ALBANY – In a first-floor conference room of the Millennium Hotel in Cheektowaga in early October, senior state and Erie County officials sat on one side of a U-shaped table. Representatives from the Buffalo Bills sat across from them.
The gathering was so sensitive that the PowerPoint presentations being shown on a screen had to be shut off several times when hotel staff suddenly entered to replenish the coffee and Danish and sandwiches.
The room was even booked under a fake name so no one could figure out it was related to the Bills.
“It felt like the Paris peace talks. … It was what diplomats call a fair and frank and full exchange of views. It was cordial, but pointed on both sides,” said a senior official familiar with the negotiations that took place over the recent months between the representatives of Gov. Andrew M. Cuomo, County Executive Mark C. Poloncarz and the Bills.
The sides were far apart over a key component of any deal for government funding to renovate Ralph Wilson Stadium: how much the team’s current or future owners will have to pay as a penalty if the team wants to pull out of Buffalo.
At that meeting, the Bills were tossing out numbers like $30 million. The demand from the Cuomo administration: $400 million, more than what the team has gotten in public subsidies over the past 12 years, as well as the new contract deal to renovate the stadium that was announced Friday.
“It took them by surprise. But ultimately, they came around to it. We wanted a genuine penalty to make if financially impossible to breach the lease. That’s the intent of it,” said an official with knowledge of the talks who spoke on condition of anonymity.
“We had one thing very important to us. While we were willing to provide funding for stadium improvements, there was no way without an ironclad guarantee the Bills would stay even with a change of ownership,” the official said.
At the time, the sides were not sure a deal could happen. The Bills were talking about a short-term lease. The county was talking about up to 20 years. And neither the county nor the state had interest in one idea floated by the Bills for a one-year, temporary arrangement to punt the issue over until next year.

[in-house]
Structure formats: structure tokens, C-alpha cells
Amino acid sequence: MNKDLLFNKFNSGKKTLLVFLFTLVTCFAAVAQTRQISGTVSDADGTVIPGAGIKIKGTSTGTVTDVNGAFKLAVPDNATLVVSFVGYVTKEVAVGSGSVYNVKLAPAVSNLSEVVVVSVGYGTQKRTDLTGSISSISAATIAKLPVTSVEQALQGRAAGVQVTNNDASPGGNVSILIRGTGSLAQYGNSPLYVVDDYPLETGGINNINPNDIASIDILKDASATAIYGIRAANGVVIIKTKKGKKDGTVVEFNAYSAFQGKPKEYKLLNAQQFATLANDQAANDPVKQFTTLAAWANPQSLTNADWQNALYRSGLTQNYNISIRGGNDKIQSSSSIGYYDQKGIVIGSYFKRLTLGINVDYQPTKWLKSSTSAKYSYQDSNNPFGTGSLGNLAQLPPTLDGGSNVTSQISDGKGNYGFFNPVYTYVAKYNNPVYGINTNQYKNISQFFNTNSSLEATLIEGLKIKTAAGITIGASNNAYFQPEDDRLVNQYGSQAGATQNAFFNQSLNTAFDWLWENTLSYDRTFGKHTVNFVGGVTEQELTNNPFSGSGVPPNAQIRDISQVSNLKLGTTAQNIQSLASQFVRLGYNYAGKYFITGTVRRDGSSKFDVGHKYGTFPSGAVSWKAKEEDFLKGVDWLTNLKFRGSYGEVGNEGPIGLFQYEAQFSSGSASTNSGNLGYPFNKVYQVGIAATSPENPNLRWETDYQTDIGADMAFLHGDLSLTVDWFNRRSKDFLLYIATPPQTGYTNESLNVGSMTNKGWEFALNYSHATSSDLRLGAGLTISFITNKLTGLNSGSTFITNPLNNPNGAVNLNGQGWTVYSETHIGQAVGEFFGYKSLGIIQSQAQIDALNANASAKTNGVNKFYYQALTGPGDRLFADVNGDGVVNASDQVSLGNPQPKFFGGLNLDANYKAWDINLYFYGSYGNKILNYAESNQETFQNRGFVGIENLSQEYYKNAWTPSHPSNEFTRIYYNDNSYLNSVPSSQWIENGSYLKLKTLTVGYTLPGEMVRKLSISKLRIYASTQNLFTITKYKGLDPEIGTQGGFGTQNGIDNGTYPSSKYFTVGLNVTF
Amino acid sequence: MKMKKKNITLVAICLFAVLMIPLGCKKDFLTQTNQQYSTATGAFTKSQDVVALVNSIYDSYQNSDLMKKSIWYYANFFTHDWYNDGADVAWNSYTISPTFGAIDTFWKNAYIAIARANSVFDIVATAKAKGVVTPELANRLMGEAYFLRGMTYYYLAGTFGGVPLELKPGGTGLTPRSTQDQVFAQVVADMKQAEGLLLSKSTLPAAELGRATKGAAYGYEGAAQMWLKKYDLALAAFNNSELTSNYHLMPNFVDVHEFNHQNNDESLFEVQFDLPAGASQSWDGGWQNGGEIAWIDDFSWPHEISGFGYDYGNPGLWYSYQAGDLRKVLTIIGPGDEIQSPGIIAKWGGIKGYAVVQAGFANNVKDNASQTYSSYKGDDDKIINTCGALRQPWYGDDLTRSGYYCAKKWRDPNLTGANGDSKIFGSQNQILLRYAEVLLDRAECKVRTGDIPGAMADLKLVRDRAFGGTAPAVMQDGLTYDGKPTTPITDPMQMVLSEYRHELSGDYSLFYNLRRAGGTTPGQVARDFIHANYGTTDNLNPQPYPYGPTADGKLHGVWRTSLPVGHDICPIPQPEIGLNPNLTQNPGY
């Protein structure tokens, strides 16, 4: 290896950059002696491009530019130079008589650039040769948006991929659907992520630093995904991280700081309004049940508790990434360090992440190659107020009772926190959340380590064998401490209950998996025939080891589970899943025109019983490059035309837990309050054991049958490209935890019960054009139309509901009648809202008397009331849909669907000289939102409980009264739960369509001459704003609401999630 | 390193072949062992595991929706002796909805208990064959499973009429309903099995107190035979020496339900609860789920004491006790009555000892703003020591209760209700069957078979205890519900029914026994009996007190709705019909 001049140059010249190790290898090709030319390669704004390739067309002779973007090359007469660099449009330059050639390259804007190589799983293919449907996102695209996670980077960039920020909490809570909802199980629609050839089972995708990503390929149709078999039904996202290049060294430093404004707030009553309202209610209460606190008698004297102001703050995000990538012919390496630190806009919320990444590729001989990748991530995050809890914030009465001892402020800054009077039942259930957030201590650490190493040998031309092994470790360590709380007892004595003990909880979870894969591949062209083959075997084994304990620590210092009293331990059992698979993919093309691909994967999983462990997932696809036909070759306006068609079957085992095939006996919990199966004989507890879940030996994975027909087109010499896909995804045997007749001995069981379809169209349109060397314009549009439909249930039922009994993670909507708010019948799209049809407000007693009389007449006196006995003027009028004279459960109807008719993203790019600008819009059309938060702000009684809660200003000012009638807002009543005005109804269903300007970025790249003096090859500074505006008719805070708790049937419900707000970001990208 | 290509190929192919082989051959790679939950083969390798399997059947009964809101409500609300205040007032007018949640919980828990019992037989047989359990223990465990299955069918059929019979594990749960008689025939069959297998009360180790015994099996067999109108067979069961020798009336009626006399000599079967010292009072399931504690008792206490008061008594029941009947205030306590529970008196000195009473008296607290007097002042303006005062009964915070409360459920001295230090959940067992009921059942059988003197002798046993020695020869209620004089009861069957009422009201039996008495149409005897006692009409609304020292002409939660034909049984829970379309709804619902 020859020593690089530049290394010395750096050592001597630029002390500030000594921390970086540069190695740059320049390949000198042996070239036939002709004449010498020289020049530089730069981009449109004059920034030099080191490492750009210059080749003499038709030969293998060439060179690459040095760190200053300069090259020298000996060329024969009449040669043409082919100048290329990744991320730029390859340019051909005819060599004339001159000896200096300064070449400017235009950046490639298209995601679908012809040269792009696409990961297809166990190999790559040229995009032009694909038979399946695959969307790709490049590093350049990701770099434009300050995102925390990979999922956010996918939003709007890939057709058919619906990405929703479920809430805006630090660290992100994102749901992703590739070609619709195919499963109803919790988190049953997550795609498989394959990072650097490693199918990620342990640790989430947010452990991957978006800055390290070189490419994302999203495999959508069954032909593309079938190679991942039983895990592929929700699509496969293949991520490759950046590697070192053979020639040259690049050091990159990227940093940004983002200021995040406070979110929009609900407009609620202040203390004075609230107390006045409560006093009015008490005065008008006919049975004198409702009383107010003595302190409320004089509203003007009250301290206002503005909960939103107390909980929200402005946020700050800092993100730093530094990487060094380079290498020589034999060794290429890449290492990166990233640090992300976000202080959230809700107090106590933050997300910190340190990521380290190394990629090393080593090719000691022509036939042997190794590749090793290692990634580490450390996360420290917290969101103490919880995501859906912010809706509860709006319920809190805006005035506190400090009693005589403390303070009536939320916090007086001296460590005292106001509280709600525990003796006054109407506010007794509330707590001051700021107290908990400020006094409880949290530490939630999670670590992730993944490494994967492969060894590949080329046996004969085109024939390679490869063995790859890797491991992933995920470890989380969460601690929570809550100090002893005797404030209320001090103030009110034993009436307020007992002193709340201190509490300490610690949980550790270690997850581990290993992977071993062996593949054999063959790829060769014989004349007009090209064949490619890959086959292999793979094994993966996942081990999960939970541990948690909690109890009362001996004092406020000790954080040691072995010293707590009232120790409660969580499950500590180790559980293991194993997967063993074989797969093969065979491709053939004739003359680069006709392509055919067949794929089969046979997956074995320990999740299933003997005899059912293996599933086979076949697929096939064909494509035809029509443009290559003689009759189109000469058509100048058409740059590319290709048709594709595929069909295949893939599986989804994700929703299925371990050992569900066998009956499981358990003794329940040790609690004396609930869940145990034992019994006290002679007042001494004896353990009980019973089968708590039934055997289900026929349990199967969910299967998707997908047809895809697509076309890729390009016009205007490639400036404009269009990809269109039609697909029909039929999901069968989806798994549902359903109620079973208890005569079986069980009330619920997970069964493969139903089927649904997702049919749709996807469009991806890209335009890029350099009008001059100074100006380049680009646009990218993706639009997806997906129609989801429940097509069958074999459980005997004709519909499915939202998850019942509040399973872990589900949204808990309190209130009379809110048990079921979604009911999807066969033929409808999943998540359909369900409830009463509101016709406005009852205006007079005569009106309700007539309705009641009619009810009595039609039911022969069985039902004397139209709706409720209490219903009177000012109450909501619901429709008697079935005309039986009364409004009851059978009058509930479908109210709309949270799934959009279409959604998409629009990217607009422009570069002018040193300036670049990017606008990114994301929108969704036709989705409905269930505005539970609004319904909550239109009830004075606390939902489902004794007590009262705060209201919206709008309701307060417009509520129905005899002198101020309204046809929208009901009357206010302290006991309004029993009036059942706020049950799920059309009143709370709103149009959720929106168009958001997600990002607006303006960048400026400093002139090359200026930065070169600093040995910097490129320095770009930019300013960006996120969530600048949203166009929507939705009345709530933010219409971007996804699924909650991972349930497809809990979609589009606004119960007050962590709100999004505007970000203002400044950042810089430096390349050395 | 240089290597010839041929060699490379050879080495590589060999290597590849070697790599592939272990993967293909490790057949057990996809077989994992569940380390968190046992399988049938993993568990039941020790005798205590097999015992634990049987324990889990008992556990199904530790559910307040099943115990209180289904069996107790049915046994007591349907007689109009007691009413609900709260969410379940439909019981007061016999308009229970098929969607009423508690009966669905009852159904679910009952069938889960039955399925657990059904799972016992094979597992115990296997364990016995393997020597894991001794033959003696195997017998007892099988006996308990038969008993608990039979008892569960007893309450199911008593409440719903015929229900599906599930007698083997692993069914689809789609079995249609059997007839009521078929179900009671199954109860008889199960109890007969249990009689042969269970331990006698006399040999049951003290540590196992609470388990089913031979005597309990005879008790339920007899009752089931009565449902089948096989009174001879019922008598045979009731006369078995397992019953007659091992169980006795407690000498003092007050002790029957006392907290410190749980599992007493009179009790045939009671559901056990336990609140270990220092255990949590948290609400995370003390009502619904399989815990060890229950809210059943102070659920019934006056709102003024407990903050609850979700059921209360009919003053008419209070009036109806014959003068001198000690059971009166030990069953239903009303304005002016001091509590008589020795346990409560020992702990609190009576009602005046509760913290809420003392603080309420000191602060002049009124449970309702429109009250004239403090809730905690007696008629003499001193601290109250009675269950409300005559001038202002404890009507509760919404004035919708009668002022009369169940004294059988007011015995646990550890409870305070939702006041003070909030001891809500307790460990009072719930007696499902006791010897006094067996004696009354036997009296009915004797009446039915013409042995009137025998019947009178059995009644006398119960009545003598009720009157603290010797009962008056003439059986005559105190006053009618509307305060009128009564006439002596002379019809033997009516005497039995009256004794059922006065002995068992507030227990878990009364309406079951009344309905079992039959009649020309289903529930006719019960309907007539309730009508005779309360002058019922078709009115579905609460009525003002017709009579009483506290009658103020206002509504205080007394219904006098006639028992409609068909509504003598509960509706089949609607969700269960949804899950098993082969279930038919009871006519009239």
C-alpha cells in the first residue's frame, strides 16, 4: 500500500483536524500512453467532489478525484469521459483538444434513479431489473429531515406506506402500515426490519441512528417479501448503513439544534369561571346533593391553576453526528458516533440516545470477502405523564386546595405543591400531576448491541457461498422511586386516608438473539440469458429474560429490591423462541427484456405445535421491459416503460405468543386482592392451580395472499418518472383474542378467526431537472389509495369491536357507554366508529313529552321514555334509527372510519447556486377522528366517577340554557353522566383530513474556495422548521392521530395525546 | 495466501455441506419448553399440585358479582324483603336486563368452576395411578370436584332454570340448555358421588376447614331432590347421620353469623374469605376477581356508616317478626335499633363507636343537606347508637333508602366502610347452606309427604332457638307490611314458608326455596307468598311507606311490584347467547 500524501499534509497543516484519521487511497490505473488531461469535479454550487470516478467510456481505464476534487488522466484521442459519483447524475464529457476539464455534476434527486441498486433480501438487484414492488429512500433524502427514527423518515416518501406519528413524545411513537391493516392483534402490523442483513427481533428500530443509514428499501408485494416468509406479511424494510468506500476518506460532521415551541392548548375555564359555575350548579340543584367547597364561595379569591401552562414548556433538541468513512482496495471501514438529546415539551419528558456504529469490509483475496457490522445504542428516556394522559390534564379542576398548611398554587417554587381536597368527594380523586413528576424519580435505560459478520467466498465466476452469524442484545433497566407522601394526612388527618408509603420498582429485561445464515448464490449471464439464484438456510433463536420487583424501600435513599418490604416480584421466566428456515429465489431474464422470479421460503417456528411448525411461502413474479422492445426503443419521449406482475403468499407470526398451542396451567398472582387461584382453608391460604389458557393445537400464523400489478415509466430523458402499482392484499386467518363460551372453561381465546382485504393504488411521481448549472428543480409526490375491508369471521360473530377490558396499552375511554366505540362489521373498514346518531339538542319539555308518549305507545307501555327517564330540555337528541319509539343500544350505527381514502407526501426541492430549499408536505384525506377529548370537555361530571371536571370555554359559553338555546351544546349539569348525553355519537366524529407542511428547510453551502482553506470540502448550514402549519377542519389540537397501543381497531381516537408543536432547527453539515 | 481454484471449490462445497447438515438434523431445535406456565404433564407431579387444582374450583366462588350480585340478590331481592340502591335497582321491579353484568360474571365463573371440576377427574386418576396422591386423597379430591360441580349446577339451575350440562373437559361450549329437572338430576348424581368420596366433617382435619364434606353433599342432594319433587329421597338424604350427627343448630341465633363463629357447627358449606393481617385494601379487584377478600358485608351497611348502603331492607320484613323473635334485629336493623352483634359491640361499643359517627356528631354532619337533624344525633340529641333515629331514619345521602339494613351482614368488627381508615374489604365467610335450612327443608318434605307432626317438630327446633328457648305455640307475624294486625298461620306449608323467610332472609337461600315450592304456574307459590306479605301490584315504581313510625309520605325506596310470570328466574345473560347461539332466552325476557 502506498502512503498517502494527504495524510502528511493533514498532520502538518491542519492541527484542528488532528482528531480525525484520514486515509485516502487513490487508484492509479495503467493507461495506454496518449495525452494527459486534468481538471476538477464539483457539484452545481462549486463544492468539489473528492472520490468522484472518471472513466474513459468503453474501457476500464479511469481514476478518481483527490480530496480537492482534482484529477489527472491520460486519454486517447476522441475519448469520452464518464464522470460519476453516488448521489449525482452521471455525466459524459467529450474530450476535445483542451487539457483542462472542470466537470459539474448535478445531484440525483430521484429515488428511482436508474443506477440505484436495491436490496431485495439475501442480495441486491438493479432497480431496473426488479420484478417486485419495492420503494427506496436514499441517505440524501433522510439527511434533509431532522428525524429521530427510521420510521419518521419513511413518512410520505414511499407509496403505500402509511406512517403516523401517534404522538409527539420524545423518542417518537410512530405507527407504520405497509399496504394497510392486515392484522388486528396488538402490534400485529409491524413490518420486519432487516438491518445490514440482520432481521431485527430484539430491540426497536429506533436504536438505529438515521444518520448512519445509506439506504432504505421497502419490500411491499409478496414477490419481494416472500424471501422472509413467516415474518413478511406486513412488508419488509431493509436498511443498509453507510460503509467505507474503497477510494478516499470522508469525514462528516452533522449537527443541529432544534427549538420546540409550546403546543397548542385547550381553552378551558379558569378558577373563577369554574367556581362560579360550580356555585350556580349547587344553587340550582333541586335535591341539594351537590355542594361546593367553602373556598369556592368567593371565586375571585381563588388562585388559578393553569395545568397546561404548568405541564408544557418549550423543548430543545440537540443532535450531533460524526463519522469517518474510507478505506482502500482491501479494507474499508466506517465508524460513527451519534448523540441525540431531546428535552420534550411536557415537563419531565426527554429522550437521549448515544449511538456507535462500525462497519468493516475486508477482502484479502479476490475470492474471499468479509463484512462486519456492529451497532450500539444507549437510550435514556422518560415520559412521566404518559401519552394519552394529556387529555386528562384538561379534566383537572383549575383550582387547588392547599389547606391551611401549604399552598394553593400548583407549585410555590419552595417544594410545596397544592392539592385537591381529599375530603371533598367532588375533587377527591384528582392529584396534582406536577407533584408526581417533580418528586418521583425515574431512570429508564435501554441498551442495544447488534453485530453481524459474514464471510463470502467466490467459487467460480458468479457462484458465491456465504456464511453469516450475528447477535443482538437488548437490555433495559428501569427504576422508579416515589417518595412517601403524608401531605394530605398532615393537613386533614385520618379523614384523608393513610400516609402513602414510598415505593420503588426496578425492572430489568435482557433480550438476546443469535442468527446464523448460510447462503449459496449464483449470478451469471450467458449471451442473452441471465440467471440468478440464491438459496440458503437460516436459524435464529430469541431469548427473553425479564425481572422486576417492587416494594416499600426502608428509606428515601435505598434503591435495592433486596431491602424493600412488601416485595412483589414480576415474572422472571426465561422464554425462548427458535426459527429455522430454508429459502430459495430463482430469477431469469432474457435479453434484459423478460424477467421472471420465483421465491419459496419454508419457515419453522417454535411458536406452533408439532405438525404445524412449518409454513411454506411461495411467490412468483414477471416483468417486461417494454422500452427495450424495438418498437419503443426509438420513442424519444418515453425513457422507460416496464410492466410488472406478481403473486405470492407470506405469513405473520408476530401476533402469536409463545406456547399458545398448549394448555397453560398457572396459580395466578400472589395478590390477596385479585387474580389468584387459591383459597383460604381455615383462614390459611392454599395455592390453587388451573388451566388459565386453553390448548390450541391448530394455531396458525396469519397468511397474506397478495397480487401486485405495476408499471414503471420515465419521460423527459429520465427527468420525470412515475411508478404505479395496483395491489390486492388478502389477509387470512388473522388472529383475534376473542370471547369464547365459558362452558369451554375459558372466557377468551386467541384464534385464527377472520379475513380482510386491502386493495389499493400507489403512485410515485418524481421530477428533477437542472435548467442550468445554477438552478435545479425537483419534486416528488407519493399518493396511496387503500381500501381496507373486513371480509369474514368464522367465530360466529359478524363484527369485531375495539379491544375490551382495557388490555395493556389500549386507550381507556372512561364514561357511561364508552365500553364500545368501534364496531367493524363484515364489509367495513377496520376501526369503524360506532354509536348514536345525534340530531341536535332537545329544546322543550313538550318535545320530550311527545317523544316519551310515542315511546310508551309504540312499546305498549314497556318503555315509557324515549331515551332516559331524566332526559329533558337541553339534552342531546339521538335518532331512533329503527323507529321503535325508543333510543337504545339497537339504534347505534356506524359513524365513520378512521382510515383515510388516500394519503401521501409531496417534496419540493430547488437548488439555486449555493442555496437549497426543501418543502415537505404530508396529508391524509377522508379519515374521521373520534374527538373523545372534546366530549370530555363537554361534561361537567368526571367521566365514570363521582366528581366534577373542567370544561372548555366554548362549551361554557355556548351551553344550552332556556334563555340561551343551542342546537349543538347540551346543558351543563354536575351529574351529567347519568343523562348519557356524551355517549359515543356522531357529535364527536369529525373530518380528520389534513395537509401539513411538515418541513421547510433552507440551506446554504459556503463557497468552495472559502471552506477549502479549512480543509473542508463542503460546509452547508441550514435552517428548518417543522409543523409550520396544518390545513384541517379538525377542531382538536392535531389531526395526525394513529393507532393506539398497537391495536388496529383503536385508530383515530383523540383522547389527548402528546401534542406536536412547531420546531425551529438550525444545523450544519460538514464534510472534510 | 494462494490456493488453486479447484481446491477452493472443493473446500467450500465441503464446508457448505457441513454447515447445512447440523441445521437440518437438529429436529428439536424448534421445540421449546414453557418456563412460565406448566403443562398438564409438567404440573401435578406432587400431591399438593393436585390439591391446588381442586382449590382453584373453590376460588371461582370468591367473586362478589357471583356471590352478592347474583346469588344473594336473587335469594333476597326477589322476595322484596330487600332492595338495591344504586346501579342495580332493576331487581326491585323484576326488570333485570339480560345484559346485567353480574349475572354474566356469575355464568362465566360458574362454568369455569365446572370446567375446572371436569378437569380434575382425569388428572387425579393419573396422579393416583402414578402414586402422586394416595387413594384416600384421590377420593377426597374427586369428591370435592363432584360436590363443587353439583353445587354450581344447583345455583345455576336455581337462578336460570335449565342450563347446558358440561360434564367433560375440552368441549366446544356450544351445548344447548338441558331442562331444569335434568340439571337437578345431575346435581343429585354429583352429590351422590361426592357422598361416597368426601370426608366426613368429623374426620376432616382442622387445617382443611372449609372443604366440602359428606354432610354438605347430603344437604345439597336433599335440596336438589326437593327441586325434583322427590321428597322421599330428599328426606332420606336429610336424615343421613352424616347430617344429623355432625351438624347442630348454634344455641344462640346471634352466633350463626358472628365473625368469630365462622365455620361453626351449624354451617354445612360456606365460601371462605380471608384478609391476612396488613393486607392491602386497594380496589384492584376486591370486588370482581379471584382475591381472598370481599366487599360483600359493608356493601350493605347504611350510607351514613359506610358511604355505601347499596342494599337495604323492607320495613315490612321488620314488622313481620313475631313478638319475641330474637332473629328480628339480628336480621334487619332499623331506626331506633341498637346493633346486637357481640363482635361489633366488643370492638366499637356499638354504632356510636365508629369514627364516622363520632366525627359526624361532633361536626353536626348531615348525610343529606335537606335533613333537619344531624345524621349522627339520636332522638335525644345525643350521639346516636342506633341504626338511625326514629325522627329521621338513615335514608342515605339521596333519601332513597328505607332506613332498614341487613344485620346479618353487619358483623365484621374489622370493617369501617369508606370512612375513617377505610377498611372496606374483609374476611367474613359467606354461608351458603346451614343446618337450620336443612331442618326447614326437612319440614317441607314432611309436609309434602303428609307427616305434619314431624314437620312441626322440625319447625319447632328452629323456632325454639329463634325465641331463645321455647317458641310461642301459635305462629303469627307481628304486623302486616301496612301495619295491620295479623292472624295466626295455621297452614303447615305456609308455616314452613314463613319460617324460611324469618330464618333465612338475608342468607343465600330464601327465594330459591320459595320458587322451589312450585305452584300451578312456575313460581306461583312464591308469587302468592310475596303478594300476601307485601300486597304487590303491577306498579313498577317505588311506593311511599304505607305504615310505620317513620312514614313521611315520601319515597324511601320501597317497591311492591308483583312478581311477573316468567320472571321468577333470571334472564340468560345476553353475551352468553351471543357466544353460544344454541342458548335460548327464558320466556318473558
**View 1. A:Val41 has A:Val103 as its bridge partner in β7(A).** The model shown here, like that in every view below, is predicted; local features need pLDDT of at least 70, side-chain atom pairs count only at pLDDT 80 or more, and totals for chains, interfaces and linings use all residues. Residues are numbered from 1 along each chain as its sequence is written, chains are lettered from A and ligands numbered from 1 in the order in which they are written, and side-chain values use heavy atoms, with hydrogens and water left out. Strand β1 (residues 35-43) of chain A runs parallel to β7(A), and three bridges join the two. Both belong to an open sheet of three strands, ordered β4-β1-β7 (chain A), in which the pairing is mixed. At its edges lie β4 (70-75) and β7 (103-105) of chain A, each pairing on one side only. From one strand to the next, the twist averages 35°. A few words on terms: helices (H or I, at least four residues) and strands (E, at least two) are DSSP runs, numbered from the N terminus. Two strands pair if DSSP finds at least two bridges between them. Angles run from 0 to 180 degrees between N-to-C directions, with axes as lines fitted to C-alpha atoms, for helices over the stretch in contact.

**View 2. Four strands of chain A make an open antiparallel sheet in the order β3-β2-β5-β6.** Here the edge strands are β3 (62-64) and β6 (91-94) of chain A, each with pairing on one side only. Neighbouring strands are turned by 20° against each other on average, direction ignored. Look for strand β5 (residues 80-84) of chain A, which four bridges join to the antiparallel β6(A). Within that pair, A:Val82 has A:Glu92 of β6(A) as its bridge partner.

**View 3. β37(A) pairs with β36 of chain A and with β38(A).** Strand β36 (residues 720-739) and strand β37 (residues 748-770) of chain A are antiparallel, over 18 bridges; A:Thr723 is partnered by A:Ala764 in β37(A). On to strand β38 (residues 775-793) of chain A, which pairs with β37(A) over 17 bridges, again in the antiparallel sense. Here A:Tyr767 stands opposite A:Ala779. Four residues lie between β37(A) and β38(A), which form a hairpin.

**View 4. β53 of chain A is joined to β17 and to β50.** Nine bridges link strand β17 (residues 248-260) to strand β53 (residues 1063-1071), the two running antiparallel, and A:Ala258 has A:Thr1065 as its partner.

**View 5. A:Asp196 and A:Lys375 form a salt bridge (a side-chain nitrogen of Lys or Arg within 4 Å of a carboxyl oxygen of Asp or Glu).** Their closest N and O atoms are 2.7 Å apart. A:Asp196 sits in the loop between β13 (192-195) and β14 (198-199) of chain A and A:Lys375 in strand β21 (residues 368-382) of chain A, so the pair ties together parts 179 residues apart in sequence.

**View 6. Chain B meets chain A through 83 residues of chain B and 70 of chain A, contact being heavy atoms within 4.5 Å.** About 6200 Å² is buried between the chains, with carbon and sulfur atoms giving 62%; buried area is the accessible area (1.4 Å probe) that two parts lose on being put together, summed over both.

At about the same time, Cuomo started to get personally involved in the discussions that eventually would have the state kicking in the most money to keep the team from leaving. Cuomo reached out and had multiple conversations with NFL Commissioner Roger Goodell and Bills Chief Financial Officer Jeffrey Littmann.
“Generally, the league doesn’t get involved in these talks, but the governor thought it was helpful. Goodell is a native Western New Yorker, and the governor appealed to his hometown sense. They developed a very good rapport,” the official said of Cuomo and Goodell, who grew up in Jamestown and had already expressed a desire to see the Bills stay put.
Indeed, Goodell was involved right up until Thursday evening, when the deal finally came together. The sides thought they were all set, when the NFL’s top lawyer raised a legal concern about the relocation penalty – a key component of the lease.
“What is great about the NFL and the relationship with Cuomo and Goodell is that in two hours the league turned it around and came up with different ideas for the language of the contract,” the source said.
Besides the crucial Oct. 2 meeting in Cheektowaga, negotiators pointed to another key session.
On Oct. 12, Cuomo had already offered, in a Buffalo News article, to meet personally with team owner Ralph Wilson if that would help move the pace of the talks. But on that mid-October day, Lt. Gov. Robert Duffy, a lifelong Bills fan and former mayor of Rochester, along with Howard Glaser, the detail-oriented negotiator and one of Cuomo’s most trusted aides, flew on a commercial jet to Detroit for a secret meeting at Wilson’s headquarters in Gross Pointe.